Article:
IRS Lets Employers Come Clean on Contractor Payroll Taxes
The Internal Revenue Service is giving companies that have been misclassifying employees as independent contractors a chance to pay a fraction of back taxes to avoid interest, penalties and audits for previous years.
Under the program announced today by IRS Commissioner Douglas Shulman, U.S. companies would have to agree to treat the workers as employees going forward and pay 10 percent of the previous year’s payroll taxes. The program is open to employers of all sizes, though Shulman said he is trying to encourage smaller businesses to participate.
“A lot of our job is to make sure that we provide clarity for the vast majority of people that are trying to get it right,” Shulman said on a conference call with reporters today.
Worker misclassification is a complex area of the tax code without clear rules to guide businesses, Shulman said. Since 1978, Congress has prohibited the IRS from issuing general clarifying regulations.
Employers are responsible for paying part of the payroll tax as well as paying federal unemployment taxes for their workers. Independent contractors pay the employee and employer shares of the payroll tax.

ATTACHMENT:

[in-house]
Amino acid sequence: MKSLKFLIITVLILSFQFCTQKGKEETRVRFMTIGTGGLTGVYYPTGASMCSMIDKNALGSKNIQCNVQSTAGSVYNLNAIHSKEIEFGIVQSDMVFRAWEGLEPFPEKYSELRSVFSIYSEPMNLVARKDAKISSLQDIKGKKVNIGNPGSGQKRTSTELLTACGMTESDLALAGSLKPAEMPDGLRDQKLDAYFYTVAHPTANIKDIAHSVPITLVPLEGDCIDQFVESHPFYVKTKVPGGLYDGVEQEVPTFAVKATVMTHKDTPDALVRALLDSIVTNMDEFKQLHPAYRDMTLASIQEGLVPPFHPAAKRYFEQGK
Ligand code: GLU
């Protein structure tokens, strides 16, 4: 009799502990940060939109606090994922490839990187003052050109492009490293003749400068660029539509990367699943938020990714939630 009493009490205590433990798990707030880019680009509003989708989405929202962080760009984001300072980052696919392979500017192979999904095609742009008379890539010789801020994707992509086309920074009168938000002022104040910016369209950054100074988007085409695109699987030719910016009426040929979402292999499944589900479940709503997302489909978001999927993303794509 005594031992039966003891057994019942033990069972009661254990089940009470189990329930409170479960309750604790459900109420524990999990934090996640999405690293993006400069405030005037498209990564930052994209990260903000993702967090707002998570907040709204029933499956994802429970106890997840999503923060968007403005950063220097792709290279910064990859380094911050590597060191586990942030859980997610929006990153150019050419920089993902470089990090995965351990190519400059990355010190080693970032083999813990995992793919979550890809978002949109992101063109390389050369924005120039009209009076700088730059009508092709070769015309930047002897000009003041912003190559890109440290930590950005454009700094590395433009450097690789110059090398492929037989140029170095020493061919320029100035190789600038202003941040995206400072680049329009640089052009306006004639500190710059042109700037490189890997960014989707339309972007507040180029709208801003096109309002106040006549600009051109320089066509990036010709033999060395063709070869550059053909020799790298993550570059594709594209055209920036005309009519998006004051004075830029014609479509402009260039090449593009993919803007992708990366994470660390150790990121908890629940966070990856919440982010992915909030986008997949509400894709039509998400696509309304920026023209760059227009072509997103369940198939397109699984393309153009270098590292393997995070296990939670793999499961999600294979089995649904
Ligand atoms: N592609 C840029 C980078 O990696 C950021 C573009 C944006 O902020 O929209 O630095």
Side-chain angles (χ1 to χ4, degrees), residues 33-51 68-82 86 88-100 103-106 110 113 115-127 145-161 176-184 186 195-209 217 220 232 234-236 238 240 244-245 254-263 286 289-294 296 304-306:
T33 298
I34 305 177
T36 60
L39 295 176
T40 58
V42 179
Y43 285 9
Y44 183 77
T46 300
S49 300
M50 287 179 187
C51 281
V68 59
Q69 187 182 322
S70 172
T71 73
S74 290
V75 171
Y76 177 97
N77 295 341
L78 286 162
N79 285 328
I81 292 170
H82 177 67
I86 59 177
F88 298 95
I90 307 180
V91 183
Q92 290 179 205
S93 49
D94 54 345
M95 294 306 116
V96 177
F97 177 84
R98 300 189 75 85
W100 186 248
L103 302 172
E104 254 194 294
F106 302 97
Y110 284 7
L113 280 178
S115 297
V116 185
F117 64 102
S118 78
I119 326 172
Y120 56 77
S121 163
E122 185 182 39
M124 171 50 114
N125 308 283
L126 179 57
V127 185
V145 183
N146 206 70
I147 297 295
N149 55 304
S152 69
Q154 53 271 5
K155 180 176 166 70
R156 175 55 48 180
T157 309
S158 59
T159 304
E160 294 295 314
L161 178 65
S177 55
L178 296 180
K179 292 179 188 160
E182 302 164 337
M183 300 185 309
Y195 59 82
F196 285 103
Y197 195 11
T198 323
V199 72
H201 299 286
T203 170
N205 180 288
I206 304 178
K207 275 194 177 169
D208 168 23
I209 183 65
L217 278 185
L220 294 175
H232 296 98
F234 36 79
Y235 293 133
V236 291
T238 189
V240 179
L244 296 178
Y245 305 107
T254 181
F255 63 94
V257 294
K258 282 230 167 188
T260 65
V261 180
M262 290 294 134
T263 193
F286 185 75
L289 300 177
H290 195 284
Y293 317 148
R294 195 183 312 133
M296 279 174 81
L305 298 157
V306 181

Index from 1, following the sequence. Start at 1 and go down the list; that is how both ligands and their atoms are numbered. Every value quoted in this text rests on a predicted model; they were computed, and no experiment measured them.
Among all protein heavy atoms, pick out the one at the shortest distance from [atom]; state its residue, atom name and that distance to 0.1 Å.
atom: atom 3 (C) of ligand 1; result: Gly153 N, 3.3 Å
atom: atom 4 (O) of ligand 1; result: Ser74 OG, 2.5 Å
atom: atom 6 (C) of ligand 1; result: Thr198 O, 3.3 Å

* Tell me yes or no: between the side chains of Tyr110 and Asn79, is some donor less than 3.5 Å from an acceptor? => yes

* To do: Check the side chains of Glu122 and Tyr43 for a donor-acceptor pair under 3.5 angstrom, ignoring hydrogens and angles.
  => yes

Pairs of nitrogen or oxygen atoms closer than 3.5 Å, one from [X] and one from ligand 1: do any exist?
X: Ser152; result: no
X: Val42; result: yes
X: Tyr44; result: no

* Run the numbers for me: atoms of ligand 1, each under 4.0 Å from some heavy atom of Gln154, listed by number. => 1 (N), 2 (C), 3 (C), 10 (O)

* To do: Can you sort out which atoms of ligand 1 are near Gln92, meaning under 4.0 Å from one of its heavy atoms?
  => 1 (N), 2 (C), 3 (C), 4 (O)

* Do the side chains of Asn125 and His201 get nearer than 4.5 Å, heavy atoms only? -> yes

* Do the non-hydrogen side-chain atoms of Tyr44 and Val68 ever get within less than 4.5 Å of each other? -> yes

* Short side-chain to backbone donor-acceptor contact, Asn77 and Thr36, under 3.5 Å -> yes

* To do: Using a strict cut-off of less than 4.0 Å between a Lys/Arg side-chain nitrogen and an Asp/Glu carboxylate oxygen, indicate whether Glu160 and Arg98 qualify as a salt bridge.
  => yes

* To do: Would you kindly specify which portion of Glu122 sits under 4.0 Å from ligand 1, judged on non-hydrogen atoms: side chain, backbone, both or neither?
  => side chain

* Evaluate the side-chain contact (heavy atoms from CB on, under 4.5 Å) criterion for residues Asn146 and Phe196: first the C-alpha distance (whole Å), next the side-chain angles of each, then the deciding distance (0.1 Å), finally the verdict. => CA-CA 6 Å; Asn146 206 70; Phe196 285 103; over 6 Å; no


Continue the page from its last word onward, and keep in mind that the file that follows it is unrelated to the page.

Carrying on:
‘Gradually Change It’
Representative Jim McDermott, a Washington Democrat who has pushed for crackdowns on worker misclassification and has sponsored legislation on the issue, said in a brief interview today that the IRS action isn’t exactly what he wanted, and called it a step in the right direction.
“They’ve been getting away with murder for years,” he said of employers. “You gradually change it and so people begin to see you can’t make everyone a contract worker.”
Brian Turmail, a spokesman for the Arlington, Virginia- based Associated General Contractors of America, a trade group, said in a phone interview today that the IRS program is an acknowledgment of how complex it is to comply with employment classification requirements.
Within the construction industry, home building is particularly challenging because it can involve multiple trades and small jobs, Turmail said.
“From our perspective, there are only a few bad eggs,” he said. “A lot of folks are trying to do the right thing, but it’s awfully complex.”
President Barack Obama in his most recent budget plan proposed allowing the IRS to issue guidance and to require companies to reclassify some contractors as employees. That proposal was projected by the Treasury Department to raise $8.7 billion over the next decade.
Shulman said he didn’t have estimates of how many employers would join the voluntary compliance program or how much money it would generate. The program has no deadline.
The IRS just completed a voluntary compliance program for Americans with offshore bank accounts. Shulman said part of his approach as commissioner is to encourage long-term tax compliance even as the agency continues auditing taxpayers for past actions.
“The real win for American taxpayers is if we set up the right incentives for all taxpayers to pay the right amount of taxes this year, five years from now, 20 years from now,” he said.
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